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Icelanders knit crafty response to global crisis

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Trilogia specialized in high-end British, French, and Spanish designer pieces. Until lately, it carried little Icelandic work. But because the government has prohibited the depositing of money in foreign accounts – the only imports allowed are necessity items, such as food – the store has been forced to stop ordering merchandise from abroad.

Knitting to the rescue?

Local designers – often one-person brands – have come to the rescue.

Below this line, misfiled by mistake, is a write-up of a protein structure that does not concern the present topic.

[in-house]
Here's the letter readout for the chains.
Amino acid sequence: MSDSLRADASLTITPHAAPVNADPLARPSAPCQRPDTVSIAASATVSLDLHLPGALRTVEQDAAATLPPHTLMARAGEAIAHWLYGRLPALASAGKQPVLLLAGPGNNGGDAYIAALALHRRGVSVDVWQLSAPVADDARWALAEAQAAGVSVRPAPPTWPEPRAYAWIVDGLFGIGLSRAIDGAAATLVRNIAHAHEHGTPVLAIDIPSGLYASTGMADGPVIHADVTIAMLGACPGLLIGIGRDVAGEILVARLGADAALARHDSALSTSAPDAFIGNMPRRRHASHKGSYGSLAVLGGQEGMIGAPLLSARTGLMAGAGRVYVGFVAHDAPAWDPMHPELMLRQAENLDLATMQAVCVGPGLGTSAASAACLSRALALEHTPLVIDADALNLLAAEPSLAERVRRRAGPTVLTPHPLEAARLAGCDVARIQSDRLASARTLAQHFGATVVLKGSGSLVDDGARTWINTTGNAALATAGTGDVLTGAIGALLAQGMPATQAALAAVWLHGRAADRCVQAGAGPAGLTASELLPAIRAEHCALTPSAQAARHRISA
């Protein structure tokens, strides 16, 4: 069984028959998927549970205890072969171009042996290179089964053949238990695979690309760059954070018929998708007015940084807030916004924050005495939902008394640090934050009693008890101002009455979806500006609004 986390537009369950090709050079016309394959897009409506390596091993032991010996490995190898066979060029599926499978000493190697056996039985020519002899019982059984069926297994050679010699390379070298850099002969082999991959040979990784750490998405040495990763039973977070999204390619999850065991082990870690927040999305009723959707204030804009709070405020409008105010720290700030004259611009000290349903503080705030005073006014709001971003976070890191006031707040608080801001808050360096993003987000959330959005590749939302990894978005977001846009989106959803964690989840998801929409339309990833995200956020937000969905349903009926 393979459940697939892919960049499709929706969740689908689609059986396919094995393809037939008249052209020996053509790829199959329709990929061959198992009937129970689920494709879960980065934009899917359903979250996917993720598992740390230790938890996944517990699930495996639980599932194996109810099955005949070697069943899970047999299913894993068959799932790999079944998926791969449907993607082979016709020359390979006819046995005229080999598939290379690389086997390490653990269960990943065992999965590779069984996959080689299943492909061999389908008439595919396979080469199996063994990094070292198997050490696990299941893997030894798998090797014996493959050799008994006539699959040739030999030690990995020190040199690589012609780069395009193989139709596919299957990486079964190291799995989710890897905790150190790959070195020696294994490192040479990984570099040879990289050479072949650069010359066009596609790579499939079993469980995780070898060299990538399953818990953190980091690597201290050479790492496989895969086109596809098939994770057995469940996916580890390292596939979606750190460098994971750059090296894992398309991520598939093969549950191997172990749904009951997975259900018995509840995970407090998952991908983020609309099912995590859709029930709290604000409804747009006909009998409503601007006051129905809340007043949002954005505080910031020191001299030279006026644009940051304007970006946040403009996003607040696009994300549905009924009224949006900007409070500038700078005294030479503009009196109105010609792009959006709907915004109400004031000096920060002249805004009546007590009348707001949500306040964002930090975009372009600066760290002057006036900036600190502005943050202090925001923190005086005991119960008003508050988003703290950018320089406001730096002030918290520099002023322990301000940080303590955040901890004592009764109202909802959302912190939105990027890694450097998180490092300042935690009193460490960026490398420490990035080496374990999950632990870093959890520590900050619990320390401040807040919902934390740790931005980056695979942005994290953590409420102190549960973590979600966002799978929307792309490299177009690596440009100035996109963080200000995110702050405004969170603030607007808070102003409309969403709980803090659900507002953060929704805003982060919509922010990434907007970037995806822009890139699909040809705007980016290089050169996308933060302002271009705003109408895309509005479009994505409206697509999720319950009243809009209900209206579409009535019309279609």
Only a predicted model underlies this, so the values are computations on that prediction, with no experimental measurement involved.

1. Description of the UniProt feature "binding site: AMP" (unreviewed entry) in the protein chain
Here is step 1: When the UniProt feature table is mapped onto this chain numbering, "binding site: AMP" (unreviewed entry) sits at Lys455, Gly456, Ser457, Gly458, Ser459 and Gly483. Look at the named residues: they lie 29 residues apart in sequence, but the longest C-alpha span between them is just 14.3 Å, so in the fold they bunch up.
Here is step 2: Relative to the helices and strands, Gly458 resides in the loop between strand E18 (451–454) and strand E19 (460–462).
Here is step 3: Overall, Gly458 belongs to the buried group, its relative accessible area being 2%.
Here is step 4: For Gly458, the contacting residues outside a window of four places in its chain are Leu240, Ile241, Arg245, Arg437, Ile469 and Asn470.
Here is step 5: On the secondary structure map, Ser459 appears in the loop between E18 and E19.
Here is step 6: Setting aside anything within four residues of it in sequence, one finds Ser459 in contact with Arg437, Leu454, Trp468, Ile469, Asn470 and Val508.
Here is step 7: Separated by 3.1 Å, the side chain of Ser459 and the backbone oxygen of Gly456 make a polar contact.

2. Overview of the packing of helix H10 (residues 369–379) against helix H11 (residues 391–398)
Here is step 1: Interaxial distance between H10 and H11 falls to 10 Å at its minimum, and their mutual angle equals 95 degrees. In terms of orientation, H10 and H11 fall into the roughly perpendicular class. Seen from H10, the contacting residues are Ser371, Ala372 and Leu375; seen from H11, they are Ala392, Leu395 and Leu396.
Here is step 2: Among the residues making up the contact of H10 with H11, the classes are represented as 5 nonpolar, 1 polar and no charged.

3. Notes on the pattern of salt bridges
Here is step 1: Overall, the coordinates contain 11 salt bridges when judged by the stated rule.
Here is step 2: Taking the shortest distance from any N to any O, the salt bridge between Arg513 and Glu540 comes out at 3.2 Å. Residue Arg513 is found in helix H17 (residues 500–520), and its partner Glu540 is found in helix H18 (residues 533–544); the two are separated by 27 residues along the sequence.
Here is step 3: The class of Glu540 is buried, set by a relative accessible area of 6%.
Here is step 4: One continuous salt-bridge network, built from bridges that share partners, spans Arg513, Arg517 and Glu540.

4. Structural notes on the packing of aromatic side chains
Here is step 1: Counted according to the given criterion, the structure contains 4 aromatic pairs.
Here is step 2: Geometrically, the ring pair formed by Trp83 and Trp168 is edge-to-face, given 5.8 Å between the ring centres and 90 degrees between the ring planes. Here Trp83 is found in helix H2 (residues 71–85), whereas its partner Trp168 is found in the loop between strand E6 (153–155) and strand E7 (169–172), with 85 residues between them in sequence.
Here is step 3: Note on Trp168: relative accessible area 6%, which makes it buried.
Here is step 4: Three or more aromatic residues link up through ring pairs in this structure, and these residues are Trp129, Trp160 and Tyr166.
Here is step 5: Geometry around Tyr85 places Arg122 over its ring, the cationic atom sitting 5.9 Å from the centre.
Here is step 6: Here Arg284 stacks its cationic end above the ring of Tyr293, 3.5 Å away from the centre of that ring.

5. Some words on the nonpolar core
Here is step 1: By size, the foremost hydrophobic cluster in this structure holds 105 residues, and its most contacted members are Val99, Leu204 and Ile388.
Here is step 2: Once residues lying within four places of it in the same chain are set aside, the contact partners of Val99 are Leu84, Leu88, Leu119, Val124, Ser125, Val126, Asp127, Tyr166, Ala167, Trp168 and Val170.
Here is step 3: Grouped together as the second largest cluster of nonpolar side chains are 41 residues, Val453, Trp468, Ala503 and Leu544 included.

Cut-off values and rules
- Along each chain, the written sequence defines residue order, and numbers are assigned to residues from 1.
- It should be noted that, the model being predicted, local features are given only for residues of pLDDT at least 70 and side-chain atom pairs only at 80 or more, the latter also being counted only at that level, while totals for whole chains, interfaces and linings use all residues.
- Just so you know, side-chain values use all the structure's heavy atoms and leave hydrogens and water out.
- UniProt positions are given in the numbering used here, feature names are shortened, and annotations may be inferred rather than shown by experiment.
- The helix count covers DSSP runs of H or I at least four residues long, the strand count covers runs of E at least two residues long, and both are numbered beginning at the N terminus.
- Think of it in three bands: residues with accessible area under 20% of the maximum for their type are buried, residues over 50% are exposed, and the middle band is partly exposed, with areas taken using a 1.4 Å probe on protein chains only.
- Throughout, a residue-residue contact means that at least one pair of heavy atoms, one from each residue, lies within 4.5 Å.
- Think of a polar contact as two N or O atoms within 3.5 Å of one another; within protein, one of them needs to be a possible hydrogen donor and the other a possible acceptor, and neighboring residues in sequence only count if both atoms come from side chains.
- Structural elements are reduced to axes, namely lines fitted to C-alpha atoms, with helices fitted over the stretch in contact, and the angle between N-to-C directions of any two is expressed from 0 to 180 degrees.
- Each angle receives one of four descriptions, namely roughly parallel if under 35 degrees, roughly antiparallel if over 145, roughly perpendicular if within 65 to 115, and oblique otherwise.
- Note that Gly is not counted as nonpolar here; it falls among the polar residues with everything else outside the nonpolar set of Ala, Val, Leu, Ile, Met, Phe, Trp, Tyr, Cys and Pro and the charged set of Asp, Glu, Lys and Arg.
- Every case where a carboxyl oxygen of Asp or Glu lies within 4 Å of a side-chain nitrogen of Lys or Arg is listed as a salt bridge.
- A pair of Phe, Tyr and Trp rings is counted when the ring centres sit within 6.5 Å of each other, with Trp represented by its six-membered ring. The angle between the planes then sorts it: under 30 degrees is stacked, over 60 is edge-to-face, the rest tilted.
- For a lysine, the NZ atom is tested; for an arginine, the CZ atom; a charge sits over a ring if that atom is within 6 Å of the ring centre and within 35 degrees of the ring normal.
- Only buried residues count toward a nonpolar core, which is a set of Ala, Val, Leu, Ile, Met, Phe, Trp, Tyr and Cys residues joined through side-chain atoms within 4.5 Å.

Trilogia now features necklaces from Arora Eir, headpieces from Thelma Design, rouched bags from Hidden Goods, and bow scarves from Gudbjorg Jakobsd.

"The well-to-do ladies are still going to shop for exclusive Christmas, birthday, or Valentine's Day presents. It's just that those who used to buy Alexander McQueen are now buying Thelma," Ms. Yeoman says, referring to the big-money British designer, Mr. McQueen, who commands up to $300 for a belt or a scarf and up to $1,200 for a necklace. The local one-of-a-kind accessories cost less than $150 each.

Some craftspeople have arts and design training, while others have non artistic day jobs and just happened to have paid attention when their grandmothers taught them how to knit those ubiquitous rose-patterned wool sweaters.

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